Scientists create super-nutritious strawberries

By Anita Awbi

- Last updated on GMT

Related tags Fruit

Researchers have developed a method for enhancing the nutritional
value of alpine strawberries - which could prove popular with
consumers anxious to increase their vitamin intake.

A team from the Virginia Bioinformatics Institute (VBI) has found a way to transfer nutrient-enhancing DNA into the genome of the common strawberry.

Together with the Horticulture Department at Virginia Tech's College of Agriculture, the researchers have extracted plant tissue from the Fragaria vesca variety six weeks after seed germination, and successfully transferred specific DNA sequences rich in Green Fluorescent Protein (GFP). The tissue then grew into fledging plants more rich in antioxidants.

The small size of the F. vesca plant and its short reproductive cycle makes it an ideal candidate for the technology, which is currently undergoing large-scale studies.

VBI Professor Vladimir Shulaev said: "The development of this protocol for strawberry represents a key milestone for researchers interested in improving strawberry and other fruit crops through genomics."

A recent report by food trend tracker Center for Culinary Development (CCD) claims certain nutrient-rich fruits, or "superfruits" - such as pomegranates and blueberries- are becoming more popular with American consumers.

The VBI genomics trial, which greatly enhances antioxidant properties, "is the result of innovation and great attention to experimental detail"​ according to Herb Aldwinkle of Cornell University, and could herald a new era of genetically altered "superfruits".

And the humble strawberry may be well poised to take advantage of growing trends for wellbeing diets, and an increased demand for fresh fruit. In a study published by the Journal of Agriculture and Food Chemistry in late 2003, eight strawberry strains were analyzed for their content of protective plant compounds and antioxidant capacities.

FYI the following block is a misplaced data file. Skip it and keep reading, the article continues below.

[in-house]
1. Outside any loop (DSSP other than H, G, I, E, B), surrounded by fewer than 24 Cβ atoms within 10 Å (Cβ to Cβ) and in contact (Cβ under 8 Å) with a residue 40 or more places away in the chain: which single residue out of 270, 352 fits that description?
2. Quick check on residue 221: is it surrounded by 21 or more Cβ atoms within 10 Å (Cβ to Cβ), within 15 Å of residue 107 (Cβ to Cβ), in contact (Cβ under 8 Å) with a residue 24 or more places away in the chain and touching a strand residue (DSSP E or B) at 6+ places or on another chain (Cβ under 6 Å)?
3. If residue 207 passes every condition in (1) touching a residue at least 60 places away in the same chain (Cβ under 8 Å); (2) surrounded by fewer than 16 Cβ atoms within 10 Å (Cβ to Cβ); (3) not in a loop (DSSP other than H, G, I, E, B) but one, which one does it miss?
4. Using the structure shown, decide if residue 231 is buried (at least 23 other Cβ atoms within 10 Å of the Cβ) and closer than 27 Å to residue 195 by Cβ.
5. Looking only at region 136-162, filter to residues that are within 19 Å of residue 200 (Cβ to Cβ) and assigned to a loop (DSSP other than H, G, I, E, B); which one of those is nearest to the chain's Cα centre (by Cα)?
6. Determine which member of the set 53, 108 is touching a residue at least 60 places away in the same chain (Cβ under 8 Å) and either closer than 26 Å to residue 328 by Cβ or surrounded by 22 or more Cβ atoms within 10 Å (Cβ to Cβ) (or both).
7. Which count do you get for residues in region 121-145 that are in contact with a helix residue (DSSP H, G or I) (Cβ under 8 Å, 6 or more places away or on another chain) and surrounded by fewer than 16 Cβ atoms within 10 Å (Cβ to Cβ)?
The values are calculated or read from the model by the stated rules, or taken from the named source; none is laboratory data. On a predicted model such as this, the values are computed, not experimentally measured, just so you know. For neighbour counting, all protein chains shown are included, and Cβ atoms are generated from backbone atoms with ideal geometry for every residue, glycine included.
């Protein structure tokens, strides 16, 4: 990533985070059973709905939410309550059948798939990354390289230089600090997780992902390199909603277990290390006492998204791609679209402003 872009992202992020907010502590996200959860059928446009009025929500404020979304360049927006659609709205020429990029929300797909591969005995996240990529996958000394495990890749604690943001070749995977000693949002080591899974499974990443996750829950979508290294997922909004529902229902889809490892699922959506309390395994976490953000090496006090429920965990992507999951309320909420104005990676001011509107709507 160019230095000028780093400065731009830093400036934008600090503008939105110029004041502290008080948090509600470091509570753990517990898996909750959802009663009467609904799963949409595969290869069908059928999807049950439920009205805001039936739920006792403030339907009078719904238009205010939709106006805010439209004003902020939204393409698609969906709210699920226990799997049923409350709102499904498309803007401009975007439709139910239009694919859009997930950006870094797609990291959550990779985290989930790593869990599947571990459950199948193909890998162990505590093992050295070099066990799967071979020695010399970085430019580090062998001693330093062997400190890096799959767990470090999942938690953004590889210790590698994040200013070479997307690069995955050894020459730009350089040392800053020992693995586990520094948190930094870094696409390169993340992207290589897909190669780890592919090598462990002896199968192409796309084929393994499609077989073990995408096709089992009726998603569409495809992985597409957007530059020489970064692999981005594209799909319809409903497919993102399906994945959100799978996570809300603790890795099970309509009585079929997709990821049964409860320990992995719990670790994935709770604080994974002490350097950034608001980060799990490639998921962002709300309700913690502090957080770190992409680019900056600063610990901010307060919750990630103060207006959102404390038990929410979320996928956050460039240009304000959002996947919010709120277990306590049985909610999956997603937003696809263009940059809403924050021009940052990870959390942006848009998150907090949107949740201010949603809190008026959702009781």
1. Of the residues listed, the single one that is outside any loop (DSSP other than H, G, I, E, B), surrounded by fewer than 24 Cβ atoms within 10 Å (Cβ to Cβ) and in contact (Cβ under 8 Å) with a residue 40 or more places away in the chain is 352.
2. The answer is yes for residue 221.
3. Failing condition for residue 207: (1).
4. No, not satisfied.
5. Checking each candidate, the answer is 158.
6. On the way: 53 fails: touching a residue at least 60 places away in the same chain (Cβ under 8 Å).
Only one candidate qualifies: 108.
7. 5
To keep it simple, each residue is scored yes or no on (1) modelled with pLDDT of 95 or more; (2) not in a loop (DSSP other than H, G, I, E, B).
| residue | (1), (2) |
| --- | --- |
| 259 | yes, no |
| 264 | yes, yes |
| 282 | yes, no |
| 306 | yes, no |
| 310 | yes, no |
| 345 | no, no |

Although the various plants tested contained differing amounts of beneficial compounds, each variety was shown to inhibit the growth of human liver cancer cells.

But strawberries have long been known as a rich source of phenols, providing potent antioxidants that help protect cell structures and prevent oxygen damage in all of the body's organs.

Their unique phenol content makes them not only a heart-protective fruit, but also an anti-cancer and anti-inflammatory fruit.

Datamonitor analyst John Band acknowledged that demand for fresh produce, particularly exotic fruits and soft varieties, is climbing in America, amidst growing public health concerns.

"Sales of premium fruit are on the rise in the US, as are sales of ethnic food in general. Exotic fruits, which combine the perceived authenticity and flavor intensity benefits of ethnic foods with the health and quality benefits of premium fruit, are set to grow in future years, driven by consumers' desire for greater healthiness, authenticity and flavor,"​ he said.

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